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In some stories, the value of a universal constant is different than it is reality. For example, in Going Postal:

'Something like that, sir, probably, something like that,' said Groat. 'Three and a bit, that's the ticket. Only Bloody Stupid Johnson said that was untidy, so he designed a wheel where the pie was exactly three. And that's it, in there.'

What is the first story to feature this concept?

A universal constant here can be either physical (Planck's constant, the speed of light), or mathematical (pi, the Golden Ratio). What's important is that the story feature a situation or universe in which the universal constant is, well, not

  • Certainly not the first, but this exact topic is essentially the crux of the fiction segments of The Science of Discworld (also by Pratchett). However, it is the wizards of the disc creating our own universe. Funnily enough, that book explicitly references both Flatland from @user14111's answer, and addresses the question of "what if the universal constants weren't". – GeoffAtkins May 3 '16 at 5:57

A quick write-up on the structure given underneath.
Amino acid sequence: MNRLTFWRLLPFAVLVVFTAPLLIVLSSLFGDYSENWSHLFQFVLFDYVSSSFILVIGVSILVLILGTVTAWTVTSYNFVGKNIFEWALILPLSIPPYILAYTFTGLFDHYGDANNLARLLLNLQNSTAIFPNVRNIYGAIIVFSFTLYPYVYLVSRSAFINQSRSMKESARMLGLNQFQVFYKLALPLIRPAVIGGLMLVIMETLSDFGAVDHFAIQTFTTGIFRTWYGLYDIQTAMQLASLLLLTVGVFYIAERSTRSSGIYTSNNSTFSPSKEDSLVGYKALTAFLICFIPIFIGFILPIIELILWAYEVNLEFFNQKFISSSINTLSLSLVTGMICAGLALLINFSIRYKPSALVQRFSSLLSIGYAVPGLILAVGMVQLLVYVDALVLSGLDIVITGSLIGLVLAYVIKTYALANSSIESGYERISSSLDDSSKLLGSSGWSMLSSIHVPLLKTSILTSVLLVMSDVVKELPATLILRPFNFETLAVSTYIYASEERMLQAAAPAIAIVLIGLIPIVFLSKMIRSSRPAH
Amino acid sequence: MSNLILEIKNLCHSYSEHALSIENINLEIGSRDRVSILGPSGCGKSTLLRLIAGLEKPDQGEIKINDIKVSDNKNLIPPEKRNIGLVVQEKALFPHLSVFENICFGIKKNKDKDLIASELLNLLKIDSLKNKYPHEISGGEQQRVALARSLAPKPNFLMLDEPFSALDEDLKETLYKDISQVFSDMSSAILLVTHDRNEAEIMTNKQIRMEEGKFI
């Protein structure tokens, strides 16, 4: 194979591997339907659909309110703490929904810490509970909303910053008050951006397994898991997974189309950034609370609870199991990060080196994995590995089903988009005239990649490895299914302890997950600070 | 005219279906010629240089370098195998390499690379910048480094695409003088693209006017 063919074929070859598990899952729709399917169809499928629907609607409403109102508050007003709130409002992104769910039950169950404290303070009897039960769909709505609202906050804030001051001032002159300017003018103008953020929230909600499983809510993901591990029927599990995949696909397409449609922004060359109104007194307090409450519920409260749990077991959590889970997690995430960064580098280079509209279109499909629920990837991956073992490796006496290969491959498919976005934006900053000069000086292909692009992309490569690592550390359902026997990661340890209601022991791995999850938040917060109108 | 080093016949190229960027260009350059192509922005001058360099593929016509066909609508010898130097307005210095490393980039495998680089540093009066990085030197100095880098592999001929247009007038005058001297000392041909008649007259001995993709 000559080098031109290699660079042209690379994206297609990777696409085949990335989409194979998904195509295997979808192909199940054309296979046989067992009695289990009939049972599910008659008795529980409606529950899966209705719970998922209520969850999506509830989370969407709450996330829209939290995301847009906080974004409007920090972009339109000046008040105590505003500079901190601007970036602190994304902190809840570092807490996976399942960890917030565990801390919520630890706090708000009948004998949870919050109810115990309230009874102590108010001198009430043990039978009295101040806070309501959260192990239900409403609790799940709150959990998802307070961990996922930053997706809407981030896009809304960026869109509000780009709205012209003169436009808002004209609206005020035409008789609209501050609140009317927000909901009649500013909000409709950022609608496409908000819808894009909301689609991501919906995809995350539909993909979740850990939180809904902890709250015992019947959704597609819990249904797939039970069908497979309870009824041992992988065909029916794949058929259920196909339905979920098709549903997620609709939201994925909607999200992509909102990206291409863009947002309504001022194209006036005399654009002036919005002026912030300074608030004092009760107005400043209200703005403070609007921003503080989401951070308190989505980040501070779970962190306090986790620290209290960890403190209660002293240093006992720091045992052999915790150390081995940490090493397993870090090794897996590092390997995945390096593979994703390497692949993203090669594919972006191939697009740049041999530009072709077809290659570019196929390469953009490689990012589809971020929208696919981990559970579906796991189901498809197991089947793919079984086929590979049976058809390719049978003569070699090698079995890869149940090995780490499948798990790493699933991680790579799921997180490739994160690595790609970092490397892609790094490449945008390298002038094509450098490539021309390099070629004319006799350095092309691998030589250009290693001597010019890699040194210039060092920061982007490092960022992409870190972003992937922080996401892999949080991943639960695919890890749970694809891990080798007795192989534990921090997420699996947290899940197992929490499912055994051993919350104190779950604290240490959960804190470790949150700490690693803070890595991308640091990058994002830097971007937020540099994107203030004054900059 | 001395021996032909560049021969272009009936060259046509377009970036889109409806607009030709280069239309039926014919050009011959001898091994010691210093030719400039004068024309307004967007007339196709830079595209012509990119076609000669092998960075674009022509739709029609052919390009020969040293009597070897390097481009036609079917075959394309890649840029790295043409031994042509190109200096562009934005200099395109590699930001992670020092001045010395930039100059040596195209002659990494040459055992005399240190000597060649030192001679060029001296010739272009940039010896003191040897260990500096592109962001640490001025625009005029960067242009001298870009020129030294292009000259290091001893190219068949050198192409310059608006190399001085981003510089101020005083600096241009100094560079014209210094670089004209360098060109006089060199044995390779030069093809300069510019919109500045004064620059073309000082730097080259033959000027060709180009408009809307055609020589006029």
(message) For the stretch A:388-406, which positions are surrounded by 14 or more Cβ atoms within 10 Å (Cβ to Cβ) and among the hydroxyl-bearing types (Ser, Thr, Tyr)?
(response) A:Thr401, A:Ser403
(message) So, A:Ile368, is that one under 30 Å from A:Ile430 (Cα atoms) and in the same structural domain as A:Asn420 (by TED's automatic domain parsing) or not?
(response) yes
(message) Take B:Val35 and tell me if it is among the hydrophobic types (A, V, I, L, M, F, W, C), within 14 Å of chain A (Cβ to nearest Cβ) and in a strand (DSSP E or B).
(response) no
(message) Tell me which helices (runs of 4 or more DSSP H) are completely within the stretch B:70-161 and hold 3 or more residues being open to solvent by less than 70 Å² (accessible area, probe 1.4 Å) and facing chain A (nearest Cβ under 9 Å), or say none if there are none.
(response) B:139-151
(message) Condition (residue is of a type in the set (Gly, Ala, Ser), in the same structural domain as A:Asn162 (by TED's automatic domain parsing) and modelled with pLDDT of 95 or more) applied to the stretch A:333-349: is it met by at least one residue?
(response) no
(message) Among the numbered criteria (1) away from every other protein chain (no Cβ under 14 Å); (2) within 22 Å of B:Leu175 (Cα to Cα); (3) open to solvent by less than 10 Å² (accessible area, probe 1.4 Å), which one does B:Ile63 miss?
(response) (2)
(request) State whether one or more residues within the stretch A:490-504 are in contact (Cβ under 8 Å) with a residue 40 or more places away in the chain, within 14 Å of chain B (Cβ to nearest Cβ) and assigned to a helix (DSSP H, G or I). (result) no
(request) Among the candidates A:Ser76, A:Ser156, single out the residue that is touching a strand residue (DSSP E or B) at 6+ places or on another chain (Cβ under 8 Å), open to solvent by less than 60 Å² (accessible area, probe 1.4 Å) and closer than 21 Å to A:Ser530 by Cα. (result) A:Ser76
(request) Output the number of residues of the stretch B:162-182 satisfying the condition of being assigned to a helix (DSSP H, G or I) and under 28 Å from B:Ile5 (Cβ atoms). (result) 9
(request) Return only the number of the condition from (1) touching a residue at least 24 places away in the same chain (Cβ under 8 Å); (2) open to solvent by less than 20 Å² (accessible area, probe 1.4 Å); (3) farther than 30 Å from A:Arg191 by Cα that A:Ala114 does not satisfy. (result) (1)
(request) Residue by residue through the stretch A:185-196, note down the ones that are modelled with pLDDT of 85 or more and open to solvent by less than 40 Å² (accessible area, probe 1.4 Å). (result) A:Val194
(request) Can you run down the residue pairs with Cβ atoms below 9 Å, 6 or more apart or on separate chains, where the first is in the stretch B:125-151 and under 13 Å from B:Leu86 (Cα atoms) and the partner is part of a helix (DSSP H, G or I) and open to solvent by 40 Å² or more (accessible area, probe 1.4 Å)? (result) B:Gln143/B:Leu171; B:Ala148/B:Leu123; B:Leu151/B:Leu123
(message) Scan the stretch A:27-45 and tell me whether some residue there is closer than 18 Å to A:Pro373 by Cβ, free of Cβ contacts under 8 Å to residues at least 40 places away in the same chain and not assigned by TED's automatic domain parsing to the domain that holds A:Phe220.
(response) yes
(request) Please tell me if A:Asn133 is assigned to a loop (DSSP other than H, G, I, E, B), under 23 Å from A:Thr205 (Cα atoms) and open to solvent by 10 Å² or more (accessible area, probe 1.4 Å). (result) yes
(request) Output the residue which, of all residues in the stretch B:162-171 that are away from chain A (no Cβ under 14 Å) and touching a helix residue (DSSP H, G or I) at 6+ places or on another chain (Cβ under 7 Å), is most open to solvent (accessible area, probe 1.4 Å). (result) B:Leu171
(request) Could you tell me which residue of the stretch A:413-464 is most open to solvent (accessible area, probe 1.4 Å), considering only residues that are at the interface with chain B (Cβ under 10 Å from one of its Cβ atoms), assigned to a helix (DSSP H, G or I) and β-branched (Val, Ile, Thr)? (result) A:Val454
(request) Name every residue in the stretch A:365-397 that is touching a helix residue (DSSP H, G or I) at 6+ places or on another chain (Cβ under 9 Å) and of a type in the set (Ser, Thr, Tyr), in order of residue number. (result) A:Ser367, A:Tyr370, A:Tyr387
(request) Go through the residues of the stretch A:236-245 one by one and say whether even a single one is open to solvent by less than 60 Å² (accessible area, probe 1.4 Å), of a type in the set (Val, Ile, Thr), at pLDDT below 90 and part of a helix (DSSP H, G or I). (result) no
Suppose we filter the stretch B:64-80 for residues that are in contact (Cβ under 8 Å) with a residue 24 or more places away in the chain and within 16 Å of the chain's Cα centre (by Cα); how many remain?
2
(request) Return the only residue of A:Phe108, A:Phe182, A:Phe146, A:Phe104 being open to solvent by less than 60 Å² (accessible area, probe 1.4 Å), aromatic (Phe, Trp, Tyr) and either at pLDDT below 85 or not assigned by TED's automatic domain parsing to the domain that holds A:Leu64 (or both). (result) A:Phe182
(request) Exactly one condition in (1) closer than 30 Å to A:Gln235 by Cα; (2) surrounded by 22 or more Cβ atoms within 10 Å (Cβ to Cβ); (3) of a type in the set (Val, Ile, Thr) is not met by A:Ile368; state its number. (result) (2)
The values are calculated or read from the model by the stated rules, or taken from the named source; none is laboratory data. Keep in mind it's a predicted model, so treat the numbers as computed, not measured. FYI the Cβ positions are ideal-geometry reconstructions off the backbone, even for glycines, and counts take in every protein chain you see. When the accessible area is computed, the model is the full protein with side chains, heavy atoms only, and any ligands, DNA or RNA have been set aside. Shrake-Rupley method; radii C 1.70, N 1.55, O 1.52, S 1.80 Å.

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The dimensionality of space is a physical constant whose value in our universe is three. Worlds where this constant has other values (particularly two) are explored in the 1884 novel Flatland: A Romance of Many Dimensions by "A. Square" = Edwin Abbott Abbott, which is available at Project Gutenberg. From the Wikipedia plot summary:

The story describes a two-dimensional world occupied by geometric figures, whereof women are simple line-segments, while men are polygons with various numbers of sides. The narrator is a square named A Square, a member of the caste of gentlemen and professionals, who guides the readers through some of the implications of life in two dimensions. The first half of the story goes through the practicalities of existing in a two-dimensional universe as well as a history leading up to the year 1999 on the eve of the 3rd Millennium.

On New Year's Eve, the Square dreams about a visit to a one-dimensional world (Lineland) inhabited by "lustrous points", in which he attempts to convince the realm's monarch of a second dimension; but is unable to do so. In the end, the monarch of Lineland tries to kill A Square rather than tolerate his nonsense any further.